[Wikimedia-l] Weibel case -- lessons learnt?

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[Wikimedia-l] Weibel case -- lessons learnt?

Jennifer Pryor-Summers
Hello
In a recent blog post *A German court forced us to remove part of a
Wikipedia article’s ‘history.’ Here’s what that means* at
https://wikimediafoundation.org/2019/04/11/a-german-court-forced-us-to-remove-part-of-a-wikipedia-articles-history-heres-what-that-means/
Jacob
Rogers and Alison Davenport write

> A German court ruled in September of last year that the content was in
fact defamatory, largely because the source in question had been taken
offline—what we call “link rot.”

This is not correct, and suggests that the lessons of this affair have not
been fully taken on board by WMF Legal, and that gives rise to the risk
that they WMF may be giving bad advice to volunteers, leaving them -- and
the Foundation of course -- exposed to further legal claims.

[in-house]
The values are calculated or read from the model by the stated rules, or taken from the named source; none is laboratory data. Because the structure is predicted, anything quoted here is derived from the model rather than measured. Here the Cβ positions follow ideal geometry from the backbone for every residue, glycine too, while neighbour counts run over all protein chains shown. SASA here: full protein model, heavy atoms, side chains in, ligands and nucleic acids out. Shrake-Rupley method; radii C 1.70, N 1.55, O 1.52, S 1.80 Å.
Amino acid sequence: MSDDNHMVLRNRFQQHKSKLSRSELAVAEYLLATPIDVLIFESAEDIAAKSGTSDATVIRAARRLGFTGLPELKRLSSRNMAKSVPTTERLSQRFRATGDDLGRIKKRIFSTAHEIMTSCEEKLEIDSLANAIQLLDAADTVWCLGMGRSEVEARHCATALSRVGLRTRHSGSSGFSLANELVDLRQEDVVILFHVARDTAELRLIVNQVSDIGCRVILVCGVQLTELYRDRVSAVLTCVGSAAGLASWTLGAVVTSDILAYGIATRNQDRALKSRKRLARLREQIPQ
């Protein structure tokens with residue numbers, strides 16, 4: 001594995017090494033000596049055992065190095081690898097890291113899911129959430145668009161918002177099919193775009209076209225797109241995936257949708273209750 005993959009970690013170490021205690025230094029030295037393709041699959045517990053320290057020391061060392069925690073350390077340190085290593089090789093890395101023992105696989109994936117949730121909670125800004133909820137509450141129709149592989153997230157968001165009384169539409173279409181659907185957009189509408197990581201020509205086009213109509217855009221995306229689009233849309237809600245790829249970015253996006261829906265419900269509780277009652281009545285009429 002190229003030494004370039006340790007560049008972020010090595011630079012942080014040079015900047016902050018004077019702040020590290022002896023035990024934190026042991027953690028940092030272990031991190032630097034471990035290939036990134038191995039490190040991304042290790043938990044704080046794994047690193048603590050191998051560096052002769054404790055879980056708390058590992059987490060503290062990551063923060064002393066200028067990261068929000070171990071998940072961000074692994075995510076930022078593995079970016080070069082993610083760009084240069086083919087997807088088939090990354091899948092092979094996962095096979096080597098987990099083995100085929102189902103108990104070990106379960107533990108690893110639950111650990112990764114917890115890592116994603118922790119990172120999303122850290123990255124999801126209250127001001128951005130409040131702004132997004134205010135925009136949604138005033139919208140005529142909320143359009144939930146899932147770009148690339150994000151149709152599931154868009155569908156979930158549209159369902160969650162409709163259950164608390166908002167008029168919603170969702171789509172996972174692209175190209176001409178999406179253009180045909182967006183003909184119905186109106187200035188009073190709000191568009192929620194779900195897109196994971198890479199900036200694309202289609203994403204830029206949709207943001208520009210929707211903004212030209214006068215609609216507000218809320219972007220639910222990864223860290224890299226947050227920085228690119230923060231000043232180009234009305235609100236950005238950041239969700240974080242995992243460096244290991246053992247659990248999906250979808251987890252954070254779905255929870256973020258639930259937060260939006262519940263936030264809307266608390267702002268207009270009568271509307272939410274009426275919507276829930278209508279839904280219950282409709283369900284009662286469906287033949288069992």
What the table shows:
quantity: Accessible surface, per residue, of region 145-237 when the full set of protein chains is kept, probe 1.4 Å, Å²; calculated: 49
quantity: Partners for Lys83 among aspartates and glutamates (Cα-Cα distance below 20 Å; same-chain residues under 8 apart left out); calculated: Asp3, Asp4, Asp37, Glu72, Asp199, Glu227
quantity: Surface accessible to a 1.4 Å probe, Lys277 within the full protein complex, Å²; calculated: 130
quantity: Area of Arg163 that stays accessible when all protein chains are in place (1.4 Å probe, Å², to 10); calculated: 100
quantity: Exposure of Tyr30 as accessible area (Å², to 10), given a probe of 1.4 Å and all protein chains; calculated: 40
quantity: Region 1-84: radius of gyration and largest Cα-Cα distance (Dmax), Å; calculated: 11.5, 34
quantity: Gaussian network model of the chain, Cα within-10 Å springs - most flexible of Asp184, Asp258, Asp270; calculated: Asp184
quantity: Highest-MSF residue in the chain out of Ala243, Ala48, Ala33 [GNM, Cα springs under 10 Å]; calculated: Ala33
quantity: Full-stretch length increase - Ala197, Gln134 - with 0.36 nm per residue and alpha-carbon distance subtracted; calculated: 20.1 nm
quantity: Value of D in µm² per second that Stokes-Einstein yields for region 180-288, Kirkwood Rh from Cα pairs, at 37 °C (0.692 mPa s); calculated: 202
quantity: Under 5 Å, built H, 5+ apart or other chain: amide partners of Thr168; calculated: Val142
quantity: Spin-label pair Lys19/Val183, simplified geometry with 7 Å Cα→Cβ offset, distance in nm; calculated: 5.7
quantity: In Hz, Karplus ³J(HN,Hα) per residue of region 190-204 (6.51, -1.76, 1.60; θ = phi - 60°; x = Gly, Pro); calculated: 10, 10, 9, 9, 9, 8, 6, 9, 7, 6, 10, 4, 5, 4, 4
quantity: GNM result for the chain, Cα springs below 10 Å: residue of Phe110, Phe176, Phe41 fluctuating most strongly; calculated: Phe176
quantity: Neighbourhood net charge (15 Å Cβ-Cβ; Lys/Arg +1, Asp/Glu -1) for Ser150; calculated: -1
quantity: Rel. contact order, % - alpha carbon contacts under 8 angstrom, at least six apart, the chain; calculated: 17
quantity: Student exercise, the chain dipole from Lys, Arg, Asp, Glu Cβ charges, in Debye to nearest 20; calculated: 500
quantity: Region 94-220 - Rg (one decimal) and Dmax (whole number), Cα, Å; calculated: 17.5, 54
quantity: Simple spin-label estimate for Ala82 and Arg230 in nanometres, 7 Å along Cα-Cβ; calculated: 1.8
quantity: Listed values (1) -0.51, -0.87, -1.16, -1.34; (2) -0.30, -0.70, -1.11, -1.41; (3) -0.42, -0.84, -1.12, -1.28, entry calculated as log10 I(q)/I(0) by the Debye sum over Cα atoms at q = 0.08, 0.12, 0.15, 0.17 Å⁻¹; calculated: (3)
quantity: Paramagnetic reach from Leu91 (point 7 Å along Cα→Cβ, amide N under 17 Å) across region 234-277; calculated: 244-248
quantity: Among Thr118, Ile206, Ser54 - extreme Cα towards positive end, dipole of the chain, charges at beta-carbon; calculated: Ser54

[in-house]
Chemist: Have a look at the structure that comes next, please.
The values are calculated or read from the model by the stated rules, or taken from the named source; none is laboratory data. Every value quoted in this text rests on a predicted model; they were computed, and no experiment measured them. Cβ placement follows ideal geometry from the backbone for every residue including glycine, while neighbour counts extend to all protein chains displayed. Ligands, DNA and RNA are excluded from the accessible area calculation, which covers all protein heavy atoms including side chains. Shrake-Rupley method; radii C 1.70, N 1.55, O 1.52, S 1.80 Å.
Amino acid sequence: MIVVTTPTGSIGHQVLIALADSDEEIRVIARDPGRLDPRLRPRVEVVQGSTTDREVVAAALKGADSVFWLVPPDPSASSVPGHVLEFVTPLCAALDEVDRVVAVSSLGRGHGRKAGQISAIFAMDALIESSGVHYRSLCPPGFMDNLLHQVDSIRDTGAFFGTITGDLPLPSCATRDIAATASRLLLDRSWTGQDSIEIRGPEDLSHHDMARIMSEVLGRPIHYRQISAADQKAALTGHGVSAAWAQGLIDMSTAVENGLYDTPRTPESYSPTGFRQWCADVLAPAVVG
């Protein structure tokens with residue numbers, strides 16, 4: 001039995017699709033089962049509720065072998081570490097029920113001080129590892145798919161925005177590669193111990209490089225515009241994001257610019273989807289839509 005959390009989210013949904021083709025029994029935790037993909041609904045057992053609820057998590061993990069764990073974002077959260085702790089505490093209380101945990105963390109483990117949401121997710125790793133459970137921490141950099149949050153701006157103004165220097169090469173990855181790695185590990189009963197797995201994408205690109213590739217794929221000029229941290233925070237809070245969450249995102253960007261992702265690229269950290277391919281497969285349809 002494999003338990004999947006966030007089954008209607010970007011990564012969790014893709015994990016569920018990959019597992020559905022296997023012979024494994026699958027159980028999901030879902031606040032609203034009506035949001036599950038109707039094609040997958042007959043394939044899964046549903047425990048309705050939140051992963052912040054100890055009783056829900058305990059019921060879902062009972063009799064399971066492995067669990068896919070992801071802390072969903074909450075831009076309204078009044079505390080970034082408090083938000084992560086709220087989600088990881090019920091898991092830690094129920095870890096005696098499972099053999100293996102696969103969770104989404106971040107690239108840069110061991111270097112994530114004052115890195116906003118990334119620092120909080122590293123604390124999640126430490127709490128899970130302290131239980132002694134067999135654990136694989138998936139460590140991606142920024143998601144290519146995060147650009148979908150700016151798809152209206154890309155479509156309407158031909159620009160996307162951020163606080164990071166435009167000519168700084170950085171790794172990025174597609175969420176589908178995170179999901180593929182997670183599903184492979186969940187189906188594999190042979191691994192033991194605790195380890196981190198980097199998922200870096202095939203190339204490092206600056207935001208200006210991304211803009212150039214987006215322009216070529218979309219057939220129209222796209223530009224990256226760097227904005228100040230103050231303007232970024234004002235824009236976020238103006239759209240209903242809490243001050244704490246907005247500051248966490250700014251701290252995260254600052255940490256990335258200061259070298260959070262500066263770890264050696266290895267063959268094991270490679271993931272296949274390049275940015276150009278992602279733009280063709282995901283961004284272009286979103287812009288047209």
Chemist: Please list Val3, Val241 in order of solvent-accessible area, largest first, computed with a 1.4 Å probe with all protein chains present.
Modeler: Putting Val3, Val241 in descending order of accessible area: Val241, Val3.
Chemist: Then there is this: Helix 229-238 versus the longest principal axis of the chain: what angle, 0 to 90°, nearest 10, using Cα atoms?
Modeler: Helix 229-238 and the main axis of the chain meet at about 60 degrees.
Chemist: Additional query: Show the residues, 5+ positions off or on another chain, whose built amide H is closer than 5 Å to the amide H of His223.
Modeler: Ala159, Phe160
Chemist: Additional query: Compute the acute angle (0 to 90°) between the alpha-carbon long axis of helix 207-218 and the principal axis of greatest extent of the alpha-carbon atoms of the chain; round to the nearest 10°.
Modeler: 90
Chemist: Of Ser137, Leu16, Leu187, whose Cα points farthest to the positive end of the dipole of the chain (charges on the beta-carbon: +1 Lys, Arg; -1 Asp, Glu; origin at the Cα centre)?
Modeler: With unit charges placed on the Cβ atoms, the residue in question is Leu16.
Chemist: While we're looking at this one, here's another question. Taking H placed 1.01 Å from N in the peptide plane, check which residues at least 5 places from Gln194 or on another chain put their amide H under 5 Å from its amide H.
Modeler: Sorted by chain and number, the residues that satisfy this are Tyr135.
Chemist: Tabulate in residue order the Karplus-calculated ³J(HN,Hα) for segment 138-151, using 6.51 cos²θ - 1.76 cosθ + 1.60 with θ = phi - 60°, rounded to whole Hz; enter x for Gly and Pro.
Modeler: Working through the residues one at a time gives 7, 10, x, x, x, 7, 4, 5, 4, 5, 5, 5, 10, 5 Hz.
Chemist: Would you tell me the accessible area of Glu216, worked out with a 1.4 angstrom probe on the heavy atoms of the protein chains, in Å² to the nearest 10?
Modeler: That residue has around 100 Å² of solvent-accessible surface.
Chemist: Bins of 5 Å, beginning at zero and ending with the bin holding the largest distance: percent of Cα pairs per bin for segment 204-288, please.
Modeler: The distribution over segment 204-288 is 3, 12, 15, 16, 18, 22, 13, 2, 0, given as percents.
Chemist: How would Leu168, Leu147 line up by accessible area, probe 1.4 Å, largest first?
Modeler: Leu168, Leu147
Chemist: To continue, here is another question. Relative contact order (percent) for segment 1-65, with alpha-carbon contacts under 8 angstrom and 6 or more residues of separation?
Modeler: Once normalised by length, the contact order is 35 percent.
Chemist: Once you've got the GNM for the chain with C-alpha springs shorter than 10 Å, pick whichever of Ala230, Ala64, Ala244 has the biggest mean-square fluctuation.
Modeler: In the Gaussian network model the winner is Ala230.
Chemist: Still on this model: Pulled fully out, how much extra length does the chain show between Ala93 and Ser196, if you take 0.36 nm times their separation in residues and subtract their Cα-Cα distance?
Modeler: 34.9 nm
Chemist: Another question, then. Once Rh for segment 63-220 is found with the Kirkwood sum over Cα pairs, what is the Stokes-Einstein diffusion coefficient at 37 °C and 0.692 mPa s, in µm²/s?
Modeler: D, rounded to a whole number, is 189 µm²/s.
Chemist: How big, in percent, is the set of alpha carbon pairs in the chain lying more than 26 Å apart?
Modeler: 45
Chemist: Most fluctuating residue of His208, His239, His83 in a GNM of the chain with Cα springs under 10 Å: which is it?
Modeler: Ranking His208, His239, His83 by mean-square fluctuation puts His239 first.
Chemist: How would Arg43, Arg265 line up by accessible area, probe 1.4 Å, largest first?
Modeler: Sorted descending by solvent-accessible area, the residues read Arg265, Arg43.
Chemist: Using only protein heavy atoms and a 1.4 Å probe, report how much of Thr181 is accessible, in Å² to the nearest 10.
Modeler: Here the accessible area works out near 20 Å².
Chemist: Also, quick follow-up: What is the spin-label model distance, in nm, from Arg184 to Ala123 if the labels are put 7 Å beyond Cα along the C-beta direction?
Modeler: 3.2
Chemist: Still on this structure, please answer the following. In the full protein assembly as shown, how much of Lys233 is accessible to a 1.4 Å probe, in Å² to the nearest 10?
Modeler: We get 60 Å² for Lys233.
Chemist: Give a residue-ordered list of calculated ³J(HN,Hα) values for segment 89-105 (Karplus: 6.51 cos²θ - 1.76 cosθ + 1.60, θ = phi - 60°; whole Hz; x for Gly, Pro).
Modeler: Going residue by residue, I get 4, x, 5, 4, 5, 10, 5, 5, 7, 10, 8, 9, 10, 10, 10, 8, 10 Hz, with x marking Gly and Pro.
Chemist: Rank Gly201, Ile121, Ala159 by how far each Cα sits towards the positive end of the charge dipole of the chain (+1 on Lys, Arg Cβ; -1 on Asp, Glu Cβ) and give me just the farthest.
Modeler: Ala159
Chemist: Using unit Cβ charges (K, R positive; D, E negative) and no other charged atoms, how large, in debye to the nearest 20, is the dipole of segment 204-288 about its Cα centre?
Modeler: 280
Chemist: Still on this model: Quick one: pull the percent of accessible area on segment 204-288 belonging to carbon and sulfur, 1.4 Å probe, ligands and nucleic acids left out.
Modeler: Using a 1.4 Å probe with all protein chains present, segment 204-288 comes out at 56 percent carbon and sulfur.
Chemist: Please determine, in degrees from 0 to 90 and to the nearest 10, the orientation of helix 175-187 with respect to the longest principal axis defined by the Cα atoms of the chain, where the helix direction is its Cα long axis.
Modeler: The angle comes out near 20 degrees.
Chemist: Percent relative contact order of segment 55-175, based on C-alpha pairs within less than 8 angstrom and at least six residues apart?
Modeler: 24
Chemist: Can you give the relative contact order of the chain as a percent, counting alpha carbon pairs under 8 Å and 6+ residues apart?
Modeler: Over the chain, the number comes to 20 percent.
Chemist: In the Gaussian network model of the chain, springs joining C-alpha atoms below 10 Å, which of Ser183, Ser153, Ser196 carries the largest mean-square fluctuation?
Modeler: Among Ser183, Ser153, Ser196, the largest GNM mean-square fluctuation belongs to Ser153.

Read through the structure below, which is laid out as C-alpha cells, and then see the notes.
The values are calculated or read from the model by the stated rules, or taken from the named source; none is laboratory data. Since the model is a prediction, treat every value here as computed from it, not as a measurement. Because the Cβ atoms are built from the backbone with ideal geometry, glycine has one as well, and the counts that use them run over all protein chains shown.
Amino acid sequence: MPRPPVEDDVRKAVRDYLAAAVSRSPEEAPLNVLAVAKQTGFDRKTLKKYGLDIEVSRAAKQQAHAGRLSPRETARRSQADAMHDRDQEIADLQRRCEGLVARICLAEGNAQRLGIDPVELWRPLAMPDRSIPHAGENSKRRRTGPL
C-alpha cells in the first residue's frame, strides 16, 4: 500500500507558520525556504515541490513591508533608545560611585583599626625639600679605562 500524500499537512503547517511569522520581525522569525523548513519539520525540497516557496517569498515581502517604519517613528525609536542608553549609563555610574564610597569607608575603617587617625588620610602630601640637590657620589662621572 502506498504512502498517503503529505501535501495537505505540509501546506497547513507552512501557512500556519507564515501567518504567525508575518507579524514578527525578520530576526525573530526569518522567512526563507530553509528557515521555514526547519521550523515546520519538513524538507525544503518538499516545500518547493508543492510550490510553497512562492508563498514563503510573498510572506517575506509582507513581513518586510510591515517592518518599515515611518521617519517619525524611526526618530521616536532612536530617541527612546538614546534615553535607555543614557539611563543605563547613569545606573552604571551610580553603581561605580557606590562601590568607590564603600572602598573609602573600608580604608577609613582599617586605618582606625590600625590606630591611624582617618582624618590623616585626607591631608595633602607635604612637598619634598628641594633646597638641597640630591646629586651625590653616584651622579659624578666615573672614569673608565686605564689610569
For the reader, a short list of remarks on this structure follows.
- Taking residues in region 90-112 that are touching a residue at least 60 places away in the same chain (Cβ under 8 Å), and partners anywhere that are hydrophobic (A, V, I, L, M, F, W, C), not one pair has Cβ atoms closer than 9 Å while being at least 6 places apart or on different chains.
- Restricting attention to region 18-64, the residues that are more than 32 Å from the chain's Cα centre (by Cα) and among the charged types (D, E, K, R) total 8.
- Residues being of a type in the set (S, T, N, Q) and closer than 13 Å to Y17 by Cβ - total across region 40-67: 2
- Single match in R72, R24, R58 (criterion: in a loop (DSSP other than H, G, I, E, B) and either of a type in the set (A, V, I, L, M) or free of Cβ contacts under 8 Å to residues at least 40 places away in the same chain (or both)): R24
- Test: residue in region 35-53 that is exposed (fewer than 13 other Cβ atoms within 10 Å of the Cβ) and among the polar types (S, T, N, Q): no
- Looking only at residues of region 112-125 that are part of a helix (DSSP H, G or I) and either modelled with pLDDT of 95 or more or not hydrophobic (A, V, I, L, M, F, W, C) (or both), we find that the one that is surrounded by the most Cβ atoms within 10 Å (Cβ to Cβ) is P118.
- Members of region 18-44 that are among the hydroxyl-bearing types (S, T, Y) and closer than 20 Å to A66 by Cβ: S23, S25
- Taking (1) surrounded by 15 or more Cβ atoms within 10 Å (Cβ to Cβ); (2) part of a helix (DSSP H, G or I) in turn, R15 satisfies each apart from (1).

The first reason that the court found that the content was defamatory was
that it was both damaging to Prof, Weibel's reputation and, importantly,
*false*.  The statements relied were irresponsible media speculation.  The
second reason was that under German law the definition of a reliable source
is significantly more restrictive than that commonly held by Wikipedians.
The third reason was that the WMF had failed to respond correctly, in terms
of German law, to Prof. Weibel's complaint.  None of these have anything to
do with "link rot".  If volunteers are left with the impression that they
are somehow safe from libel action in Germany provided that links are kept
up to date, then that is dangerously misleading.  This error is compinded
by the statement

> it does not impose any new editorial standards on individual Wikipedia
contributors

which is incorrect: as noted, the definition of a reliable source in the
applicable law is different from Wikipedia's editorial standards.

If the WMF is claiming to give legal advice to volunteers, it needs to
ensure that the advice it gives is correct.

JPS


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